November 4, 2022, by UoN School of English

Preventing procrastination as an English student

I always find it difficult to get back into studying after a substantial time of relaxation. As an English Literature student, it can also be hard to read multiple books for seminars on top of attending lectures and making notes. New students would typically prefer to make new friends, go to parties, and focus on settling into university rather than cramming hundreds of paragraphs into their memory.

It is possible to combine such priorities with work, however. Instead of going on a simple coffee date, why not turn it into a study session where you and your classmates can sip on iced lattes and work at the same time? You could even drag your laptop around different cafés if you fancied a cake from Birds or a meal from Wetherspoons. Reward yourself with a bite when you complete a chapter. Being surrounded by other students working may also motivate you to work too; avoiding tasks is easy when home alone with Netflix flashing on the TV screen.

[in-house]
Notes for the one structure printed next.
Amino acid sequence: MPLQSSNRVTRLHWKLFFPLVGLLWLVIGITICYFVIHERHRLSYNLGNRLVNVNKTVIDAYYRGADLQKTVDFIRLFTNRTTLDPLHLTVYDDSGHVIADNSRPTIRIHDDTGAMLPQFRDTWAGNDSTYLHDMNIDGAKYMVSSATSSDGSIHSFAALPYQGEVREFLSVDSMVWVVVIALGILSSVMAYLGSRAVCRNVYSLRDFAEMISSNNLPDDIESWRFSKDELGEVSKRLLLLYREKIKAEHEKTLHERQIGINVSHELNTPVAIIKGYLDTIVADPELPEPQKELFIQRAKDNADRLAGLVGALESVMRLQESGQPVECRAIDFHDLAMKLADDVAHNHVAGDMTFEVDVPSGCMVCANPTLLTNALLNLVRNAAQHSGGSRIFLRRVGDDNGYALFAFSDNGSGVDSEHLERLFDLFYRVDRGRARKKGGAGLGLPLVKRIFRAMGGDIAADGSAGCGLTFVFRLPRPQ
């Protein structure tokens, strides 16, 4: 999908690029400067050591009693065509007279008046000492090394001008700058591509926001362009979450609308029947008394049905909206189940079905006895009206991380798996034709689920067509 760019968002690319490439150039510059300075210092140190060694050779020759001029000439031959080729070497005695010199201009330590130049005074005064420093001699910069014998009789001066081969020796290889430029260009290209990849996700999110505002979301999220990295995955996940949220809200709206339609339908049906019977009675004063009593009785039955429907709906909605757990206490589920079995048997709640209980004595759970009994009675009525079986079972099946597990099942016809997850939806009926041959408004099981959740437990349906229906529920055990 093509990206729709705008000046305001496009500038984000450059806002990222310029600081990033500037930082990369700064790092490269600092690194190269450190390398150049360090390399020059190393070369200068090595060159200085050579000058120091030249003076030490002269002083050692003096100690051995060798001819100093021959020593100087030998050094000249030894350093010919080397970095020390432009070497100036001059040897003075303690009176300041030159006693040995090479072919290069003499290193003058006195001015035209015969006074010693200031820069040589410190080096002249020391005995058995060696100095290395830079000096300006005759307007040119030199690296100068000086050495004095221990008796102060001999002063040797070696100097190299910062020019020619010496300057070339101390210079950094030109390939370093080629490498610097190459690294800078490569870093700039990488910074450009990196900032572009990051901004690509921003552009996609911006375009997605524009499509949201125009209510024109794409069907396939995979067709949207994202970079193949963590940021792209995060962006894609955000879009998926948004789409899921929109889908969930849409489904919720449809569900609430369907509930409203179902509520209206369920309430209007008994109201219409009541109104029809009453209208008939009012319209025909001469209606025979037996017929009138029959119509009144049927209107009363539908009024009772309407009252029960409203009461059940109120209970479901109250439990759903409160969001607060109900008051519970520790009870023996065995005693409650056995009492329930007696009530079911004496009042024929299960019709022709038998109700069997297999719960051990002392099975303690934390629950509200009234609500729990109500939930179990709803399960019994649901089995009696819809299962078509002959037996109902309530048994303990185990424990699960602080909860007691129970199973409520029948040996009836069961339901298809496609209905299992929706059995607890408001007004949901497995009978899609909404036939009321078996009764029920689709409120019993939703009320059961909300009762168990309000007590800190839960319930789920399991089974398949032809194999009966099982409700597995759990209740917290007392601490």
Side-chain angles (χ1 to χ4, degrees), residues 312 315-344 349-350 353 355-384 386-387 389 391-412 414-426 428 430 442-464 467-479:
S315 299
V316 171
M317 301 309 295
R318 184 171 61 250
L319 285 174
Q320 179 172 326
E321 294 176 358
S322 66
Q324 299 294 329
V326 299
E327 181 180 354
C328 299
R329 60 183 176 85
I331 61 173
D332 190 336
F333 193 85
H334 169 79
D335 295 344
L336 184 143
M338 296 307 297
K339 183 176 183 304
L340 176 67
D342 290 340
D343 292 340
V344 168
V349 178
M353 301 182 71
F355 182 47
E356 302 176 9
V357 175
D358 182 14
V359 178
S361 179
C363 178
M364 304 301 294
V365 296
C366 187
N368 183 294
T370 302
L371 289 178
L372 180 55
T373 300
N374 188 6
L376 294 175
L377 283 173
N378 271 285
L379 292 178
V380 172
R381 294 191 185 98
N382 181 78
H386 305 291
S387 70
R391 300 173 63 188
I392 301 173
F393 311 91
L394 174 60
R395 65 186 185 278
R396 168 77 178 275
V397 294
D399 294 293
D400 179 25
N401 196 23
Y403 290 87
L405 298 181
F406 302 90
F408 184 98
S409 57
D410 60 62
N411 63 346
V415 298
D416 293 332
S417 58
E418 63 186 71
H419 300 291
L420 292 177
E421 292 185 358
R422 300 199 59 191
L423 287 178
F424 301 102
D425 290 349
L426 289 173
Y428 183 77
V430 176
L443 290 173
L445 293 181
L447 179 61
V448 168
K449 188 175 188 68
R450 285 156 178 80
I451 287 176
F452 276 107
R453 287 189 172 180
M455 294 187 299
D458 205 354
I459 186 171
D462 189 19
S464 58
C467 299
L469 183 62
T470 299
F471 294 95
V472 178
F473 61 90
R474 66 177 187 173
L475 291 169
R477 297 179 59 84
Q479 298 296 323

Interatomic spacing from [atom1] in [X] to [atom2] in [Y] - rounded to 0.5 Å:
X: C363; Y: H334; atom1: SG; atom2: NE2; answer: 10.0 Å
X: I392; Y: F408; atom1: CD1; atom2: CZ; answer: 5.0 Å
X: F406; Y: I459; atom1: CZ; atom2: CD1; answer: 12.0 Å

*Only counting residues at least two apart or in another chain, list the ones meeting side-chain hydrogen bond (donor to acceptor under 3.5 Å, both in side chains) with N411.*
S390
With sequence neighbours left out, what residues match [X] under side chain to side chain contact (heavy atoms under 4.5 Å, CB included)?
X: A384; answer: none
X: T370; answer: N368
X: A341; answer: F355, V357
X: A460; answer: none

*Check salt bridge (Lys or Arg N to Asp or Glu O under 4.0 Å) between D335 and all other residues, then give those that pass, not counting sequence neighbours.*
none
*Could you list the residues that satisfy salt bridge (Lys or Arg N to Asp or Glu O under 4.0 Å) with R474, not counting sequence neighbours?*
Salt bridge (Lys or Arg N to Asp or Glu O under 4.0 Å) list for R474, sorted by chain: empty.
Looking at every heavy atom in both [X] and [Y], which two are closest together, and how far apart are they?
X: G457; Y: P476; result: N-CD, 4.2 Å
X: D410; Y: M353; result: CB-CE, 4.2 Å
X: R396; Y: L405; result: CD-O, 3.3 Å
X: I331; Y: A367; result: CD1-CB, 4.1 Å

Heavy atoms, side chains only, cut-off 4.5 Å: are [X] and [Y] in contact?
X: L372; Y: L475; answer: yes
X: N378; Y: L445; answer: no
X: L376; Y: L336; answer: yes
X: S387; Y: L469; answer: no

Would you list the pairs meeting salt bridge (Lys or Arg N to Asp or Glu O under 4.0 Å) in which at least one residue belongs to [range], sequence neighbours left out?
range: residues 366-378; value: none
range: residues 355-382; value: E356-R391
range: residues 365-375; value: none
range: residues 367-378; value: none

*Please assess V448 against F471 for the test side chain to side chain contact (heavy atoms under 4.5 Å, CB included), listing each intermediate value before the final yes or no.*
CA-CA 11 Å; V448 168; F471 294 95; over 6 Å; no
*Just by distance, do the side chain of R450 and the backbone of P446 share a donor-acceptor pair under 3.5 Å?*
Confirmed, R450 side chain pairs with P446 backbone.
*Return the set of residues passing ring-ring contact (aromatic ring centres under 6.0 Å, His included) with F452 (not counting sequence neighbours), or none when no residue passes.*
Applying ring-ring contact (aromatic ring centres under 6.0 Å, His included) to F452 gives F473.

A mug of tea on a pile of books, with pink flowers in the background

As a fellow student, I admit procrastination is extremely tempting. There are times where I have scrolled on my phone for hours whilst a half-finished essay sits next to me. Yet even just researching an essay is an achievement – just the smallest of efforts counts. It is much harder to start a task than to continue it and so just beginning research makes it easier to resume the task. Don’t force yourself to work for hours but take a break when you lose focus. Time the break so that you don’t fall into the arms of procrastination.

Whilst it feels like defeat if you procrastinate, believe me: procrastination is never failure. Every student succumbs to it. The tips that I have provided should, however, help you to procrastinate less.

– Bethan Beddow

Posted in Student WordsTips/Advice/Guidance